Babies Born Healthy (Statewide)

Low Birth Weight: % of Low Birth Weight (<2500 g) Infants


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Story Behind the Curve

Low birth weight (LBW) is a significant contributor to infant mortality, and infants with LBW are also at increased risk of developmental delays. Low birth weight infants may be either born prematurely (before 37 weeks gestation) or full-term (37 to 41 weeks gestation), but small for gestational age.

In 2016, the percent of infants with LBW born in Maryland remained unchanged from 2015 at 8.6%, but continues to be higher than the national average of 8.2%. While the percent of infants with LBW increased in Maryland and nationally between 2001 and 2006, the rate has declined in Maryland and nationally since that time.

Some of the same racial disparities occur in LBW as in infant mortality, with Black infants nearly twice as likely to be born at LBW compared to White infants.[i] Key maternal risk factors for LBW include chronic disease (such as hypertension), smoking, obesity, unintended pregnancy, late or no prenatal care, and maternal age.

LBW remains a key indicator both in Maryland and nationally. In 2010, the U.S. Department of Health and Human Services launched Healthy People 2020, a ten year plan for improving America’s health, and included the goal of reducing low birth weights to 7.8% of all live births by 2020. Maryland continues its work to ensure an ongoing decline in the percentage of LBW infants through a number of programs at the Department of Health and Mental Hygiene’s Maternal and Child Health Bureau.

i For Maryland data, racial groupings were determined by the race of the mother.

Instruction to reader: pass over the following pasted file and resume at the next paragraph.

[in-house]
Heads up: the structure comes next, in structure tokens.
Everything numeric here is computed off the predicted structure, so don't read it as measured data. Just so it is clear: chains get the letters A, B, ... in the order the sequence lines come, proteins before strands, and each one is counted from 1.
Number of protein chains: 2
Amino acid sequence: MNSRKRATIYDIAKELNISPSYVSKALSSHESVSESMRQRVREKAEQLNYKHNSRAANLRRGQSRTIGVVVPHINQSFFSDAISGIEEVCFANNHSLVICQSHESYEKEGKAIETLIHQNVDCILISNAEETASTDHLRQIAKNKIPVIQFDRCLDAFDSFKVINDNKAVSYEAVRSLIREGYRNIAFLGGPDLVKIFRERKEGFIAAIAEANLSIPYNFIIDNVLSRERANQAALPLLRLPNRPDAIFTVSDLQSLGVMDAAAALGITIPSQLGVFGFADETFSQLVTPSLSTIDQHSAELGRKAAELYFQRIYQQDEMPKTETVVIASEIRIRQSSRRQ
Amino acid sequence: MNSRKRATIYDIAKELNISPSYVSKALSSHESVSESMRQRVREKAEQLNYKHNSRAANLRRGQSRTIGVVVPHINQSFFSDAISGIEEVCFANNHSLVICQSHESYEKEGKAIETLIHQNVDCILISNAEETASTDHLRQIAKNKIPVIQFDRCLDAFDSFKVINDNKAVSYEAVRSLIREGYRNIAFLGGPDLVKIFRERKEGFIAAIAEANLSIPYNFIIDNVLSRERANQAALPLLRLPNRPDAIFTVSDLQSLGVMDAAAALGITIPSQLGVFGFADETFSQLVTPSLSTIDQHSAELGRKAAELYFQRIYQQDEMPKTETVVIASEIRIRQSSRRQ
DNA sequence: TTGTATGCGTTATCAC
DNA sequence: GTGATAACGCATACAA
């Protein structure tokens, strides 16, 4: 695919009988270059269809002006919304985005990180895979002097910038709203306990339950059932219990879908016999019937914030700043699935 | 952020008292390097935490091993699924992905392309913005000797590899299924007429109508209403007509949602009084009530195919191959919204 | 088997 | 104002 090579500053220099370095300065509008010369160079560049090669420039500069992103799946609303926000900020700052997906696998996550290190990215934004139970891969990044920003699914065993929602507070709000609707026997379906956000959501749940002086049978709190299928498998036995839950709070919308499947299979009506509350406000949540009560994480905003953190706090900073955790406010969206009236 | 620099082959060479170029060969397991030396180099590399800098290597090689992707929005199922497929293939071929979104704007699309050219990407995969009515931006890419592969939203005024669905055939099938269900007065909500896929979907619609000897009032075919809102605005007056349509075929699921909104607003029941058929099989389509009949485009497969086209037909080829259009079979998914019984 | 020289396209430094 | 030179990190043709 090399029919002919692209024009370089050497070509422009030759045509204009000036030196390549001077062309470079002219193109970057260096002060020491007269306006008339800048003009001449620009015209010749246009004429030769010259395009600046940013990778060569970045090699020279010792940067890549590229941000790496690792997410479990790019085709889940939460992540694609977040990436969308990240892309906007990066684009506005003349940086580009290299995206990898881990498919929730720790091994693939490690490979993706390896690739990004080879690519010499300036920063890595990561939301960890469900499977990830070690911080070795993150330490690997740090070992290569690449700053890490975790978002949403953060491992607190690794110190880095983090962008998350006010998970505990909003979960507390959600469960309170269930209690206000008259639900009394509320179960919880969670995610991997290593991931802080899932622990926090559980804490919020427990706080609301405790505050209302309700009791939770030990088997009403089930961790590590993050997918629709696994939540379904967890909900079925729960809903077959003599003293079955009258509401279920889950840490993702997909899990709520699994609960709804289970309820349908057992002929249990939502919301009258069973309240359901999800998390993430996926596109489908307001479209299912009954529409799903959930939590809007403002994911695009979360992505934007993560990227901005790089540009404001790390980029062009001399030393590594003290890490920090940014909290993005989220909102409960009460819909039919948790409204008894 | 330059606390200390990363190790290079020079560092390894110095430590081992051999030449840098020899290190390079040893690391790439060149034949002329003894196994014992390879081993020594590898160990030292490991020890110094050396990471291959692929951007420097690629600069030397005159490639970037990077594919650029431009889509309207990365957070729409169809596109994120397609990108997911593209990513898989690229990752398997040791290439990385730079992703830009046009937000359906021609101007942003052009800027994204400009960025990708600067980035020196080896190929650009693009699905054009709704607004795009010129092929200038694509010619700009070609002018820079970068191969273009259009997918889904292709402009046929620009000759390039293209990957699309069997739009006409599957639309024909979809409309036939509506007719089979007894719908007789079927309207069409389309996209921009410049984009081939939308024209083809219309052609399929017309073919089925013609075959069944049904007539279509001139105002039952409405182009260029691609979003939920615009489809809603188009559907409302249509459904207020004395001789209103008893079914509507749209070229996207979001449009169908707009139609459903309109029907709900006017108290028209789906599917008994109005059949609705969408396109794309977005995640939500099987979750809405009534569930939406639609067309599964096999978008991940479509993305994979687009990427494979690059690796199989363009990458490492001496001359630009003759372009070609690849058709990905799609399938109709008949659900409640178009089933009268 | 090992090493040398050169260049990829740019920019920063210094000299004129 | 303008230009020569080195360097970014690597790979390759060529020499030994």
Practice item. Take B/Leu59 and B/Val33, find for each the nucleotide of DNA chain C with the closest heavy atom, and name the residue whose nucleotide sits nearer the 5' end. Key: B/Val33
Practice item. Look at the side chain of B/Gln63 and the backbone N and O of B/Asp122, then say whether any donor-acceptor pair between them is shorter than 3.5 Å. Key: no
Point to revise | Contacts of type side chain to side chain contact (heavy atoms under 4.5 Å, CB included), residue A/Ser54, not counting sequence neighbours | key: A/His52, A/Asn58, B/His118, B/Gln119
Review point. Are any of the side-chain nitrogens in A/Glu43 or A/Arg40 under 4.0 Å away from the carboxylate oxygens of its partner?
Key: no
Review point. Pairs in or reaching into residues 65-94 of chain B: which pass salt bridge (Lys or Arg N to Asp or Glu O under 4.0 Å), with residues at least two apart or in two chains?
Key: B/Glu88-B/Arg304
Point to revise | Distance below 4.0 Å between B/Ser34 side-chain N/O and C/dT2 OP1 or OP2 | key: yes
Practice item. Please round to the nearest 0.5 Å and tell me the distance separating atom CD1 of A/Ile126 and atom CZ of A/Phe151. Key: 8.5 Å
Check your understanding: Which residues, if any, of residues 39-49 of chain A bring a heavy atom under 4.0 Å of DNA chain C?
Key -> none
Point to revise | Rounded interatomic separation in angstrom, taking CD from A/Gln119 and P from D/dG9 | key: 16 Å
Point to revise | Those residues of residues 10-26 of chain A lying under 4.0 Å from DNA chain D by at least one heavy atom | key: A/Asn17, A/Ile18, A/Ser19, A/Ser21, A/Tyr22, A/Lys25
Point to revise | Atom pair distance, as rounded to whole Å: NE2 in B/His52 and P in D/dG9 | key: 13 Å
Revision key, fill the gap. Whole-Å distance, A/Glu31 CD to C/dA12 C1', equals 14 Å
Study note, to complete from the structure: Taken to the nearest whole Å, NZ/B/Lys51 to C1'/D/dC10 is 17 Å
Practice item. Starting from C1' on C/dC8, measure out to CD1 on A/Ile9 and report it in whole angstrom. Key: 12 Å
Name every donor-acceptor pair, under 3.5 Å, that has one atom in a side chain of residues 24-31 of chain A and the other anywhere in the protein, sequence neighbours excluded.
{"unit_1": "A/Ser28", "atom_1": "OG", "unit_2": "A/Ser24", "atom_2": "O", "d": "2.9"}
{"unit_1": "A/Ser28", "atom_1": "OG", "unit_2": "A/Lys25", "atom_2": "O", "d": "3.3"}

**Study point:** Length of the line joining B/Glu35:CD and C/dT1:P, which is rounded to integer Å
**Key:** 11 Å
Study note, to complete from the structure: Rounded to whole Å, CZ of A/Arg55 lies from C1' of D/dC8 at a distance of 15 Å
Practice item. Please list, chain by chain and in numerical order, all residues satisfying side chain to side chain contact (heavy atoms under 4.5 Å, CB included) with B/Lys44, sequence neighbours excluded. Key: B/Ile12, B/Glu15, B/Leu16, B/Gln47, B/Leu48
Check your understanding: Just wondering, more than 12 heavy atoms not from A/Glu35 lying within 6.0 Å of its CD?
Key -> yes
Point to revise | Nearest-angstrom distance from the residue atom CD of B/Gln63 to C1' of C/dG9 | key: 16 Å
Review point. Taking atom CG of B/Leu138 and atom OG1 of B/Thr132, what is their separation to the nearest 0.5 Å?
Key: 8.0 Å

What Works

The Prevention and Public Health Administration (PHPA), Department of Health and Mental Hygiene (DHMH) continues to pursue multiple LBW prevention strategies, including those for reducing racial disparities, targeting at-risk women of childbearing age, reducing Sudden Unexpected Infant Deaths (SUID) by promoting safe sleep practices, improving access to oral health care for pregnant and postpartum women, and promoting early prenatal care. In addition, DHMH is specifically initiating efforts for addressing behavioral health and substance use disorder needs during pregnancy and after delivery.

Local Highlight

The Maryland Advanced Perinatal System Support (MAPSS) Program is another DHMH initiative designed to support the perinatal system of care. The State’s two academic medical centers (University of Maryland at Baltimore and Johns Hopkins University) jointly provide high risk perinatal support, outreach education, and maternal transport support to hospitals and perinatal providers throughout the State. In FY 2016, the Maryland Perinatal Neonatal Quality Collaborative implemented an initiative to reduce low-risk primary cesarean section rates and standardize the care of neonatal abstinence syndrome. For more information about Maryland’s Quality Collaborative’s Activities go to:

Data Discussion

The percent of all births and births in selected racial groups with birth weight less than 2,500 grams (approximately 5.5 pounds).

Data Source: DHMH,  Vital Statistics Administration Annual Reports

Scorecard Result Container Indicator Measure Action Actual Value Target Value Tag S R I P PM A m/d/yy m/d/yyyy